Columbia Lewisia - Lewisia columbiana
State Rank Reason (see State Rank above)
Rare and peripheral in Montana, where it is known from only one location in the Bitterroot Mountains. Its relatively inaccessible habitat reduces the potential for negative impacts.
Columbia lewisia is a succulent, glabrous perennial with several leafless stems, 5-15 cm (2-6 in) high, from a fleshy, unbranched rootcrown. Strap-shaped basal leaves are up to 4 cm (1 in) long. Stems have small leaf-like bracts with entire or toothed margins. Flowers are borne on short stalks subtended by a small gland-toothed bract in a branched, open inflorescence. Each flower has 2 glandular-toothed sepals, 1-2 mm long; 7-9 pinkish petals, 5-8 mm long; and 5-6 stamens. The fruit is a globose capsule, ca. 3 mm high, with 1-5 shiny black seeds. Our plants are variety wallowensis C.L. Hitchc.
Flowering in June-July.
Lewisia columbiana is our only member of the Portulacaceae with gland-toothed bracts in the inflorescence.
Endemic to central ID and adjacent OR and one canyon in Ravalli County (Lesica et al. 2012. Manual of Montana Vascular Plants. BRIT Press. Fort Worth, TX).
Observations in Montana Natural Heritage Program Database
Number of Observations:
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(Observations spanning multiple months or years are excluded from time charts)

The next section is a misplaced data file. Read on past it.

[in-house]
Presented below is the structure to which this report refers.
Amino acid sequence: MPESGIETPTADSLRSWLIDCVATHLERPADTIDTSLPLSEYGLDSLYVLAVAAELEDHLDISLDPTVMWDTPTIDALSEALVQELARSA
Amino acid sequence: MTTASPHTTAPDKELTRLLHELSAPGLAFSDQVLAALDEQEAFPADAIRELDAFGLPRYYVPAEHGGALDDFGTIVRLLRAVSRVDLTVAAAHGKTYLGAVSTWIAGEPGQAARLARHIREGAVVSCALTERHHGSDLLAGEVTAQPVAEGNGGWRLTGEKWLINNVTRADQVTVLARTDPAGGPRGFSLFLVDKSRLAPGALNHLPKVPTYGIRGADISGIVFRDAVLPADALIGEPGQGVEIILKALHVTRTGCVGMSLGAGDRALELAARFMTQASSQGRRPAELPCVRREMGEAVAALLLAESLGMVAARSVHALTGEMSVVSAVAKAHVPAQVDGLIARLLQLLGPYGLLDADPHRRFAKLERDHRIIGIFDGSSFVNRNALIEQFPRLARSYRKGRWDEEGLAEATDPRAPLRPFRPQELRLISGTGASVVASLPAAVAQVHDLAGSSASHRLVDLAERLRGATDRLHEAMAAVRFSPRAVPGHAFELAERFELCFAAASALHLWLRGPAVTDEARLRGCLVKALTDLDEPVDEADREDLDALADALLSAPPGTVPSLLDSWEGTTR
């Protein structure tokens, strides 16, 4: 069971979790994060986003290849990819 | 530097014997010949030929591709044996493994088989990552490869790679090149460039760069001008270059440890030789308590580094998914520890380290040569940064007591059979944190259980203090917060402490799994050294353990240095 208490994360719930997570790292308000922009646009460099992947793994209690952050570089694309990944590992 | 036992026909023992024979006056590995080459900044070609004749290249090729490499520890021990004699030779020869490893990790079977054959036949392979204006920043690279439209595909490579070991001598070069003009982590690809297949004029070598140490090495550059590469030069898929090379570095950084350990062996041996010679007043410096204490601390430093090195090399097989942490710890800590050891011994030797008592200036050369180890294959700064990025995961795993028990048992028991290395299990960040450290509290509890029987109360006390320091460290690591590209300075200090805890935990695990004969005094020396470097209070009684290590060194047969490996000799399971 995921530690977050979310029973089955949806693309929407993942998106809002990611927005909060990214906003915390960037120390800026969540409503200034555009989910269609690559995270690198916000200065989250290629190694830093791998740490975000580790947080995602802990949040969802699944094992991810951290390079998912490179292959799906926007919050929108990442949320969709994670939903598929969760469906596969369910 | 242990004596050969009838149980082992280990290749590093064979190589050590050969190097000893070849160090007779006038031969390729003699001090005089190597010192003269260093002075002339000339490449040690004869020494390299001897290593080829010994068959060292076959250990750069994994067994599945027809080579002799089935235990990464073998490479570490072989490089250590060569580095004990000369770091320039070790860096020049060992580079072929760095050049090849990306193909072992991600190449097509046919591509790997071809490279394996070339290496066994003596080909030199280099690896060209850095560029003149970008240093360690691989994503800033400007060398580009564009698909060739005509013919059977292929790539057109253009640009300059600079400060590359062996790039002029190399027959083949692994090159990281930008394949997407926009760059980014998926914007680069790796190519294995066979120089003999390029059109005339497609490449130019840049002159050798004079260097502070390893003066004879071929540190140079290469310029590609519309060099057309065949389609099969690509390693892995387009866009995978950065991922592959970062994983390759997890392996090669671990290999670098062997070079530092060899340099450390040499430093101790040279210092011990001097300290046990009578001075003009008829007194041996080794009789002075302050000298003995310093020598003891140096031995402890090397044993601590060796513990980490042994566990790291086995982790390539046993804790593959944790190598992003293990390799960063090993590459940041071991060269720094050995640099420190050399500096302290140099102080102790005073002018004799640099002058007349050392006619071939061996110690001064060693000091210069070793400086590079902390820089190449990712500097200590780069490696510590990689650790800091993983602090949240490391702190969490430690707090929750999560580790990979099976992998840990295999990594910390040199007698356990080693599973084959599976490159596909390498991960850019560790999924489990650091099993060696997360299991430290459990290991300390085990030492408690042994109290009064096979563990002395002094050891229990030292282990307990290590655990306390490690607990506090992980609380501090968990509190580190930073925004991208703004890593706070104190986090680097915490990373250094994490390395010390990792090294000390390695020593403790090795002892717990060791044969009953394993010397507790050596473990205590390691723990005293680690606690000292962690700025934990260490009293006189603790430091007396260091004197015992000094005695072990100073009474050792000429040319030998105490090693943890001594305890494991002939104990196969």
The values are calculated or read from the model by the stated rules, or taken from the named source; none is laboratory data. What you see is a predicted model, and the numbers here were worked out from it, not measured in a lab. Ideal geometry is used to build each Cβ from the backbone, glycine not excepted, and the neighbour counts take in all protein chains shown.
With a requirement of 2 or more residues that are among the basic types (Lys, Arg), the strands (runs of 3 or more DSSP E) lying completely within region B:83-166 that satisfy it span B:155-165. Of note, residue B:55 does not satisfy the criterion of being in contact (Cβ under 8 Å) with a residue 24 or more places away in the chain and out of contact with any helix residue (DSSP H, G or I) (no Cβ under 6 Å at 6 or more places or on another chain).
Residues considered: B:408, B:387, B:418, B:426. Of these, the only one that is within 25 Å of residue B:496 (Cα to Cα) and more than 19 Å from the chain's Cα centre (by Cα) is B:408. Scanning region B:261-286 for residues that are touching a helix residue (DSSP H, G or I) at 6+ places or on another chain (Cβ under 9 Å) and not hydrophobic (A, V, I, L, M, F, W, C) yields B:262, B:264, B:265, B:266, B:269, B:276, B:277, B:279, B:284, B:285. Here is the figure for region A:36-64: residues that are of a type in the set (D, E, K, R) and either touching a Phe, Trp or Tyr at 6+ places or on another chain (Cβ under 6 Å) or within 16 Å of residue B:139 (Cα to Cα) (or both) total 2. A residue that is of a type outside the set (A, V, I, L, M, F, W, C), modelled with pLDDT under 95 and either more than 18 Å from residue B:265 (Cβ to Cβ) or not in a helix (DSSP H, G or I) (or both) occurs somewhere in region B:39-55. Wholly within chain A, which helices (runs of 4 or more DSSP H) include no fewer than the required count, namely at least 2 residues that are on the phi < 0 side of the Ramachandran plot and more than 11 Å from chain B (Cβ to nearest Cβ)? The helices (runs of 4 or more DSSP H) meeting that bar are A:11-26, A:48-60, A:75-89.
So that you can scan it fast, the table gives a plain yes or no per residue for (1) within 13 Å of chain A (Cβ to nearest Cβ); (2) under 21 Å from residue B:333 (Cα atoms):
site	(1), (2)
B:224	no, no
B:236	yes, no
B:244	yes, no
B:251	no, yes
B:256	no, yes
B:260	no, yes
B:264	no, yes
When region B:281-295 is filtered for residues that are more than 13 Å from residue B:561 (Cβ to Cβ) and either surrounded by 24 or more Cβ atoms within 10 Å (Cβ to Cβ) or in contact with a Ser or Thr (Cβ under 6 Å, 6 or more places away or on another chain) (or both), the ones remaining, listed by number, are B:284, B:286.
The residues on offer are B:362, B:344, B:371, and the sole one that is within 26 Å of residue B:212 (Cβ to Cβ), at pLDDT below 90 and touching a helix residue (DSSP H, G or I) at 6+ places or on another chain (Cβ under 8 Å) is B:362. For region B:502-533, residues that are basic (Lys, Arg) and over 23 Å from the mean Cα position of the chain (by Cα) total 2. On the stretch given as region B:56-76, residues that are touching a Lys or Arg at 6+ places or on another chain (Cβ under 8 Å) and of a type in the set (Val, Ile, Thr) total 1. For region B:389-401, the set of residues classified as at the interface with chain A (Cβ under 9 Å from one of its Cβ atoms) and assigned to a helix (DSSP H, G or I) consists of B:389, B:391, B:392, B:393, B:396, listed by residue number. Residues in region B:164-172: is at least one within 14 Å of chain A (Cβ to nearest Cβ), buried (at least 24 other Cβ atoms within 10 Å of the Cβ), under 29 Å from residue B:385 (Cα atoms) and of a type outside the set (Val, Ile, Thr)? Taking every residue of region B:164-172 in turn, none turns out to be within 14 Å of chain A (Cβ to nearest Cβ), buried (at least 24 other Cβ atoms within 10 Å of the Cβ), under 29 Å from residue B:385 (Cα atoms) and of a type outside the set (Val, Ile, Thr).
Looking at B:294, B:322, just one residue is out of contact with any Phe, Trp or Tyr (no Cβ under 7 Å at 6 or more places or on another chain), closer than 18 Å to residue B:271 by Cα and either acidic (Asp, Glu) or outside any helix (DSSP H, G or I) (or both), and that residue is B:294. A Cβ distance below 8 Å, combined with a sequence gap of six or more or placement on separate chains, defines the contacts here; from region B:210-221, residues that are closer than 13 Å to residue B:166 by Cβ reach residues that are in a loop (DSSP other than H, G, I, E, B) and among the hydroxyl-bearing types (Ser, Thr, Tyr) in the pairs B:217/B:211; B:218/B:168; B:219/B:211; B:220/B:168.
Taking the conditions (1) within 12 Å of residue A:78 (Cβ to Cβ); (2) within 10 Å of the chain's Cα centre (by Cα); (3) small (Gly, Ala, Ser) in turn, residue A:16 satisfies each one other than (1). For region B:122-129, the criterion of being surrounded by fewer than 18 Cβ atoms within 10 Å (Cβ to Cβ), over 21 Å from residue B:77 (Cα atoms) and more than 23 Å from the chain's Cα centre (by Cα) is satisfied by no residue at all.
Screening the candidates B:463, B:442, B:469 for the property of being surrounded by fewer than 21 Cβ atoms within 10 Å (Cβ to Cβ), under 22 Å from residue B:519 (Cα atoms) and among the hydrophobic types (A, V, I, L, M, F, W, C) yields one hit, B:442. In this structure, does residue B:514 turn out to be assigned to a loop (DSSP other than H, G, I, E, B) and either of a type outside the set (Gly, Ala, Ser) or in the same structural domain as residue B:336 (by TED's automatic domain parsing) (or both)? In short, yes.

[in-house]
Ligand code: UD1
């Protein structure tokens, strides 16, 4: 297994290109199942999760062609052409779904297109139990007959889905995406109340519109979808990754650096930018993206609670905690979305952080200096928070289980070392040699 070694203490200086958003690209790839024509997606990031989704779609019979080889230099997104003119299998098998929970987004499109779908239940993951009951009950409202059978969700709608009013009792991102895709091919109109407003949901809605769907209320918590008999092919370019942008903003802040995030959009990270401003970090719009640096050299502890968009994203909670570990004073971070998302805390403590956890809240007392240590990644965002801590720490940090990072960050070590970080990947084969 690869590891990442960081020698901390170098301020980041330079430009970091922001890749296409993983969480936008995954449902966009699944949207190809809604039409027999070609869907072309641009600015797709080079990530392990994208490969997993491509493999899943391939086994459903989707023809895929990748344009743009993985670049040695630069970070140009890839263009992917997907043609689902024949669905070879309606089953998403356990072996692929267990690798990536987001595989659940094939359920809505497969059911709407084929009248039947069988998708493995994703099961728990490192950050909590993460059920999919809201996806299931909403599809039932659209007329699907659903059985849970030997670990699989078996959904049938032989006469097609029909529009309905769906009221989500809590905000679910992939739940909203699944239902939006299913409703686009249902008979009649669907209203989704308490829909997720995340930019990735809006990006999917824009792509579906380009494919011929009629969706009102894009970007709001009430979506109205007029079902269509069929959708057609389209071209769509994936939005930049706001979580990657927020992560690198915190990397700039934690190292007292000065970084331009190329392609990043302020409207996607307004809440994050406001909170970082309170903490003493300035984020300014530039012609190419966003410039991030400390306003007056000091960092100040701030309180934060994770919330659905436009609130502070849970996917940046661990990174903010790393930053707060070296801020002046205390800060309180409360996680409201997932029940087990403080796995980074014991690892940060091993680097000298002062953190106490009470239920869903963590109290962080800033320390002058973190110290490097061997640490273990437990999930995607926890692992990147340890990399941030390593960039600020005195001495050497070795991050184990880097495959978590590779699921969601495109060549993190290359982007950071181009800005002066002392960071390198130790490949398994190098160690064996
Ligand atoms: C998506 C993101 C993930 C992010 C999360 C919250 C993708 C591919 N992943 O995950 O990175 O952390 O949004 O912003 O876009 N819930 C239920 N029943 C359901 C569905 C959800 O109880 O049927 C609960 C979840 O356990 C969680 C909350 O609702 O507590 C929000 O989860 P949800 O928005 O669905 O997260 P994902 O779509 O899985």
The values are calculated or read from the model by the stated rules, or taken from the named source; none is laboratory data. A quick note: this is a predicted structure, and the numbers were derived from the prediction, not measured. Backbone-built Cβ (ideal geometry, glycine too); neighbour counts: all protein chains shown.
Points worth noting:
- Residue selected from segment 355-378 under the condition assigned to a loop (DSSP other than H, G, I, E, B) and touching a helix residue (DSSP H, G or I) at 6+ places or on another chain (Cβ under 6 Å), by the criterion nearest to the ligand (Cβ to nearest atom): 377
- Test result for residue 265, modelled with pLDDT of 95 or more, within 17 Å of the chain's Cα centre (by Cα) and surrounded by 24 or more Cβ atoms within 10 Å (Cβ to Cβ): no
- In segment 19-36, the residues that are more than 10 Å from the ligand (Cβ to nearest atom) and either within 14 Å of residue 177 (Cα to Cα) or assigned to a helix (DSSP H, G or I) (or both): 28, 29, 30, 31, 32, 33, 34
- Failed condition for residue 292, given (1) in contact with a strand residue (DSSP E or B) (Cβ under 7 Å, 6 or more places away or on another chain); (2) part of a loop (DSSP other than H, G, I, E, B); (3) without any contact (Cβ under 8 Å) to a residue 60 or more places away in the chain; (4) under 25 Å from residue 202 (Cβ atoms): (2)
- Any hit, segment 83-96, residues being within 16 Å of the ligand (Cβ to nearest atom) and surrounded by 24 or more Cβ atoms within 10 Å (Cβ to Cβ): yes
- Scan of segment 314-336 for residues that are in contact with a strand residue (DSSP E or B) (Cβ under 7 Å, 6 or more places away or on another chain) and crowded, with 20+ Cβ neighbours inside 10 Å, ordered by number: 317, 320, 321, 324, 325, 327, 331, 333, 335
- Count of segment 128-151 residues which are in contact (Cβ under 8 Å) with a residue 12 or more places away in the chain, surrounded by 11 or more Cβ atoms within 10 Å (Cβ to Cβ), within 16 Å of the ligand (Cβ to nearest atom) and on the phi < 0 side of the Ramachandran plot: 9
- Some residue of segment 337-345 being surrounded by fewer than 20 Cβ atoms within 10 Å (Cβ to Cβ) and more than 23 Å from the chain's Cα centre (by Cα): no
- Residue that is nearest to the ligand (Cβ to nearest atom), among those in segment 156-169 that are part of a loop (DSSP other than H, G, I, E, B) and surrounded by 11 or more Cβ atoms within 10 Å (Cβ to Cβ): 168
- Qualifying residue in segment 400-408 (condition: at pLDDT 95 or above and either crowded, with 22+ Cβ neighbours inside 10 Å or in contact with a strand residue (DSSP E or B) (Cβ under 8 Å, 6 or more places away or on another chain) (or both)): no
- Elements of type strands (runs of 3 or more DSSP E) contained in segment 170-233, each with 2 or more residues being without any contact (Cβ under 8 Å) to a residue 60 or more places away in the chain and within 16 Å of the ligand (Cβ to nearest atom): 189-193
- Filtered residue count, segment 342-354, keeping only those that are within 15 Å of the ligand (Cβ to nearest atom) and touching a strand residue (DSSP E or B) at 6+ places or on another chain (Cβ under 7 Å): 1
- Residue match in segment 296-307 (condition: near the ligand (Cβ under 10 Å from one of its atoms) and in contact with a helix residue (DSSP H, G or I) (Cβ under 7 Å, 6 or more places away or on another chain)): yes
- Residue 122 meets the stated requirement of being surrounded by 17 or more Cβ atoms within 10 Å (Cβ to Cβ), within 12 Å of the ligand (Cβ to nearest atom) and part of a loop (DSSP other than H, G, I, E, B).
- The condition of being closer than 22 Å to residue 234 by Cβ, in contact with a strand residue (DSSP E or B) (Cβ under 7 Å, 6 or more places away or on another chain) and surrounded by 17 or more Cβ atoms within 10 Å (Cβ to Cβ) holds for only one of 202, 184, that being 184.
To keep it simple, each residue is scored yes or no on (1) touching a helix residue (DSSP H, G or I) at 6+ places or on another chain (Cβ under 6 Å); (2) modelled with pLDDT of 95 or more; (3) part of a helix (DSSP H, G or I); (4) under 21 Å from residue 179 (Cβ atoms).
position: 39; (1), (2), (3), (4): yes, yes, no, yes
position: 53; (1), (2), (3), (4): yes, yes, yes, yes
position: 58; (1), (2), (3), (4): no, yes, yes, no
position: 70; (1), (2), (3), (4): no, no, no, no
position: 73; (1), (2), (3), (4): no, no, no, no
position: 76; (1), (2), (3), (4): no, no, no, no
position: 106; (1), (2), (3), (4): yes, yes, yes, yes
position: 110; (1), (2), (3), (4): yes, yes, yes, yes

Moist rock crevices in granite along streams in the foothill and montane zones.
Ecological Systems Associated with this Species
Threats or Limiting Factors
STATE THREAT SCORE REASON
Reported threats to Montana’s populations of Columbia Lewisia are due to recreation activity where hiking trails are in the vicinity of the only known populations (MTNHP Threat Assessment 2021). The entire population is exposed to slight to moderately severe negative impacts.
- Literature Cited AboveLegend: View Online Publication
- Lesica, P., M.T. Lavin, and P.F. Stickney. 2012. Manual of Montana Vascular Plants. Fort Worth, TX: BRIT Press. viii + 771 p.
- Additional ReferencesLegend: View Online Publication
Do you know of a citation we're missing?
- Lorain, C. C. 1988. Floristic history and distribution of coastal disjunct plants of the northern Rocky Mountains. M.S. thesis. College of Forestry, Wildlife, and Range Sciences, University of Idaho, Moscow. 221 pp.